Microkhan by Brendan I. Koerner

Twinkies for Peace

December 23rd, 2009 · 10 Comments

Staying on the food-taboo theme, we recommend this recent paper from the eternally irresistible Journal of Ethnobiology and Ethnomedicine. The whole thing is worth a read, especially the authors’ various theories regarding why taboos exist. Our favorite nugget comes in the section dedicated to explaining why taboos may have formed to protect human health:

Eating to regulate emotions has been listed as one of the five classes of “emotion-induced changes of eating” by Macht and IgE-mediated atopic diseases are known to be associated with depression and suicide rate. An increase of unsaturated fatty acids in the diet has been found to be correlated with decreased violent behaviour and an exposure to sunflower seeds and colorants derived from the fungus Monascus ruber can cause asthma attacks. Finally, low glycaemic meals have been reported to improve memory and ability to sustain attention, features that might not have gone unnoticed by our forebears in earlier times and could have led to the avoidance or recommendation not to consume certain food items.

As you can tell by our bolding, it’s the bit about fatty acids that struck a chord with us. If our species is, indeed, hard-wired to favor unsaturated fatty acids as a means of increasing social cohesion, that might go a long way toward explaining some recent trends. Keep in mind that food scientists only recently discovered that unsaturated fatty acids could be made more shelf stable by partially hydrogenating them—a process that results in tasty foods that wreak havoc on our internal circuitry. Instinctively drawn toward these foods, then, our waistlines expand as our crime rate declines.

So perhaps more policing and tougher sentencing isn’t the solution to violent crime. A carpet bombing of Little Debbie products may do the trick much more efficiently.

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10 Comments so far ↓

  • Brian Moore

    Is it that the are chemicals in the twinkies that make us less violent, or that after eating so many twinkies the extra weight increases the amount of effort it takes to commit violent actions?

    Just as an aside, have you read “The Obesity Myth” by Paul Campos? It’s a few years old, but in the field of “expanding waistlines” I highly recommend it.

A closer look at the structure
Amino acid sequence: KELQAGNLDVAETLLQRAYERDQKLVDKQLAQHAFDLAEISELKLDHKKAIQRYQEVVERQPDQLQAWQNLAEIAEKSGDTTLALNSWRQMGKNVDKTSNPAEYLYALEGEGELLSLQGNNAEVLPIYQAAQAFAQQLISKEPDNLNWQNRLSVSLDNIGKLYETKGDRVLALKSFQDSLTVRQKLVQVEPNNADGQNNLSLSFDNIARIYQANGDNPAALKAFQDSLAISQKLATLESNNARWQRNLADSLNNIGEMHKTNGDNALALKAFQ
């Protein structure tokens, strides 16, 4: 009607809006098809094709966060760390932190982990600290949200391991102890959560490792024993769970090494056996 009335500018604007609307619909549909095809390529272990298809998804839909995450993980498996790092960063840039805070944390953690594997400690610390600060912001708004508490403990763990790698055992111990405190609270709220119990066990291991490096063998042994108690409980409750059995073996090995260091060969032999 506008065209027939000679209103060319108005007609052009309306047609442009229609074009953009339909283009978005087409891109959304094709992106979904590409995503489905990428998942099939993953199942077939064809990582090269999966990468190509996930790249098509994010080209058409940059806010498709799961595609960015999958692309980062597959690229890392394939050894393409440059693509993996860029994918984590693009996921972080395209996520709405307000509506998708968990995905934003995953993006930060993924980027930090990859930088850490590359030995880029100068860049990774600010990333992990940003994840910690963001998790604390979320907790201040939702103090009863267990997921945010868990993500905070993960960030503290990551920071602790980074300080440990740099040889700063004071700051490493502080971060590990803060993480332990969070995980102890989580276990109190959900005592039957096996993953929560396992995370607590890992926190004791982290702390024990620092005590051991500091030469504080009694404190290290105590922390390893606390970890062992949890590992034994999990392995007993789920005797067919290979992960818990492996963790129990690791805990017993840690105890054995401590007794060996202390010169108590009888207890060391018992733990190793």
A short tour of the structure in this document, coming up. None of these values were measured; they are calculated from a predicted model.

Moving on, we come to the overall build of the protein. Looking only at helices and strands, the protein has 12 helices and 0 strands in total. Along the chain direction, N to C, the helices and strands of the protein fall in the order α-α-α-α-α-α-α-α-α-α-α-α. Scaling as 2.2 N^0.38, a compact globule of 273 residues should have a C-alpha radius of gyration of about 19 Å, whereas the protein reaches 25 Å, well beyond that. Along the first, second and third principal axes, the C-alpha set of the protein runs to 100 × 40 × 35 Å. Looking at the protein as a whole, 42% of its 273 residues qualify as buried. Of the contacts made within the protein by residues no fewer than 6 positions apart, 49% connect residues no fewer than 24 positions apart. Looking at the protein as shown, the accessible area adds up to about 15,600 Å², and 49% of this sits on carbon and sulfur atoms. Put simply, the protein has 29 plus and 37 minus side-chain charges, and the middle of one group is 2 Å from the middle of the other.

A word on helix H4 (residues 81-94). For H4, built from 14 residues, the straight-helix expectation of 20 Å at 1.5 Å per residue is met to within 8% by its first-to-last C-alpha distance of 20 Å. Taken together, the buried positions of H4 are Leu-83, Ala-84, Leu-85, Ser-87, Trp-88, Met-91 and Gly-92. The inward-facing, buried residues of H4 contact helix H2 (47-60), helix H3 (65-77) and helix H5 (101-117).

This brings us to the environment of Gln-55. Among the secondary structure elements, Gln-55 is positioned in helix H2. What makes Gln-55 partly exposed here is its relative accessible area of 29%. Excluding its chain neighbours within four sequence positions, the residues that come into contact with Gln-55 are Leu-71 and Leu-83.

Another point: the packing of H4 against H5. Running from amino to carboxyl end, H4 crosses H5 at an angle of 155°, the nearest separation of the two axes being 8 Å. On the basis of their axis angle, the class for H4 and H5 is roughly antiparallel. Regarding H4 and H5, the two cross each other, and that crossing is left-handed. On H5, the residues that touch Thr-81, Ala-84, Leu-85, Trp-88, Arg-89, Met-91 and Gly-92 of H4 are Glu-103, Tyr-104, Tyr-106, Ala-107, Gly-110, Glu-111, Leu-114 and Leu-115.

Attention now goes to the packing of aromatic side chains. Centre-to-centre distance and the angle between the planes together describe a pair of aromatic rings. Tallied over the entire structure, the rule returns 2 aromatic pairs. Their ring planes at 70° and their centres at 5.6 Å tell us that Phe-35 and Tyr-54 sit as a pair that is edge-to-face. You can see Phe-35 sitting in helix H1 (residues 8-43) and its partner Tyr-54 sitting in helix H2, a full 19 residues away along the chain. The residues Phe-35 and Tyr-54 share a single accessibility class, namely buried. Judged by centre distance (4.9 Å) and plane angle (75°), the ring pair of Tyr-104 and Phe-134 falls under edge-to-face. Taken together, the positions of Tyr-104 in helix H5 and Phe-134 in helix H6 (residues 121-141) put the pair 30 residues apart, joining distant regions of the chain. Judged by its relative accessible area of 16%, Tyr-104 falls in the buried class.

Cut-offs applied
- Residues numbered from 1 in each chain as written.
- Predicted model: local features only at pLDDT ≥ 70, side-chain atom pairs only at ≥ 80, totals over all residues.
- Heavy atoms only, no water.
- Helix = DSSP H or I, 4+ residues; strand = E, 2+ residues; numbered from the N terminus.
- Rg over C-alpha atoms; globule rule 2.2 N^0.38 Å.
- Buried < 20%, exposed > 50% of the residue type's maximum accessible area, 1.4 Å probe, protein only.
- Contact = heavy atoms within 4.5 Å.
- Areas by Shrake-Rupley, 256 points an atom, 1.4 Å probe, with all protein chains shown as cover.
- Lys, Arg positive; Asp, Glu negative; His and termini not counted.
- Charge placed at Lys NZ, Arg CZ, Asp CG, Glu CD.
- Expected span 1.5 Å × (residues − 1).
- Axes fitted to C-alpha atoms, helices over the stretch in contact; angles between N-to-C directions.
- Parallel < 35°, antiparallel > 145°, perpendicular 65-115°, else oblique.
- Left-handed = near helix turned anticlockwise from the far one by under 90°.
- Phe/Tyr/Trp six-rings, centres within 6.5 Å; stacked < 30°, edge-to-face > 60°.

• Brendan I. Koerner

    @Brian Moore: From reading the abstract of the referred paper, I got the sense that the authors were arguing for a neurochemical reason. Which makes sense–it wasn’t until the advent of partial hydrogenation that unsaturated fatty acids became truly bad for us.

    Wasn’t familiar with the Campos book–thanks for the rec. Though he’ll have to go a long way toward convincing me that we’re not an overly portly nation. The Good Morning Burger is sadly all-too-plausible:

    http://www.hulu.com/watch/35047/the-simpsons-jolly-fat-man

  • Captured Shadow

    Hey I forgot to say the Popeye’s ad was great.

    The article mentioned food taboos being a source of group cohesion, and I am sure it is. I wonder, is there a pattern of cult leaders imposing certain dietary restrictions?

  • Brendan I. Koerner

    Good question. I’ll have a post about that next week–stay tuned.

  • Gramsci

    I still think there is a heavy symbolic element to taboo foods, as Mary Douglas’s work helpfully pointed out. Shellfish are “low-glycemic,” after all, but they were creepy-crawly, hard-to-categorize and so buh-bye shrimp on matzah.

  • Jordan

    Behold the power of snack cakes:

    http://www.superstupor.com/sust01042008.shtml

  • Captured Shadow

    I think the Harvey Milk murder case used the power of Twinkies as part of the defense……

    A snack food with a built in murder defense is a pretty powerful marketing angle

  • Brendan I. Koerner

    @Jordan: I found that comic oddly touching. Evil masterminds need love, too…

  • Brian Moore

    Brendan: “Though he’ll have to go a long way toward convincing me that we’re not an overly portly nation”

    Sorry, slow response here… he’s doesn’t so much try to convince the reader that we’re not fat, just more that fat itself is not particularly unhealthy — as opposed to inactivity and poor diet.

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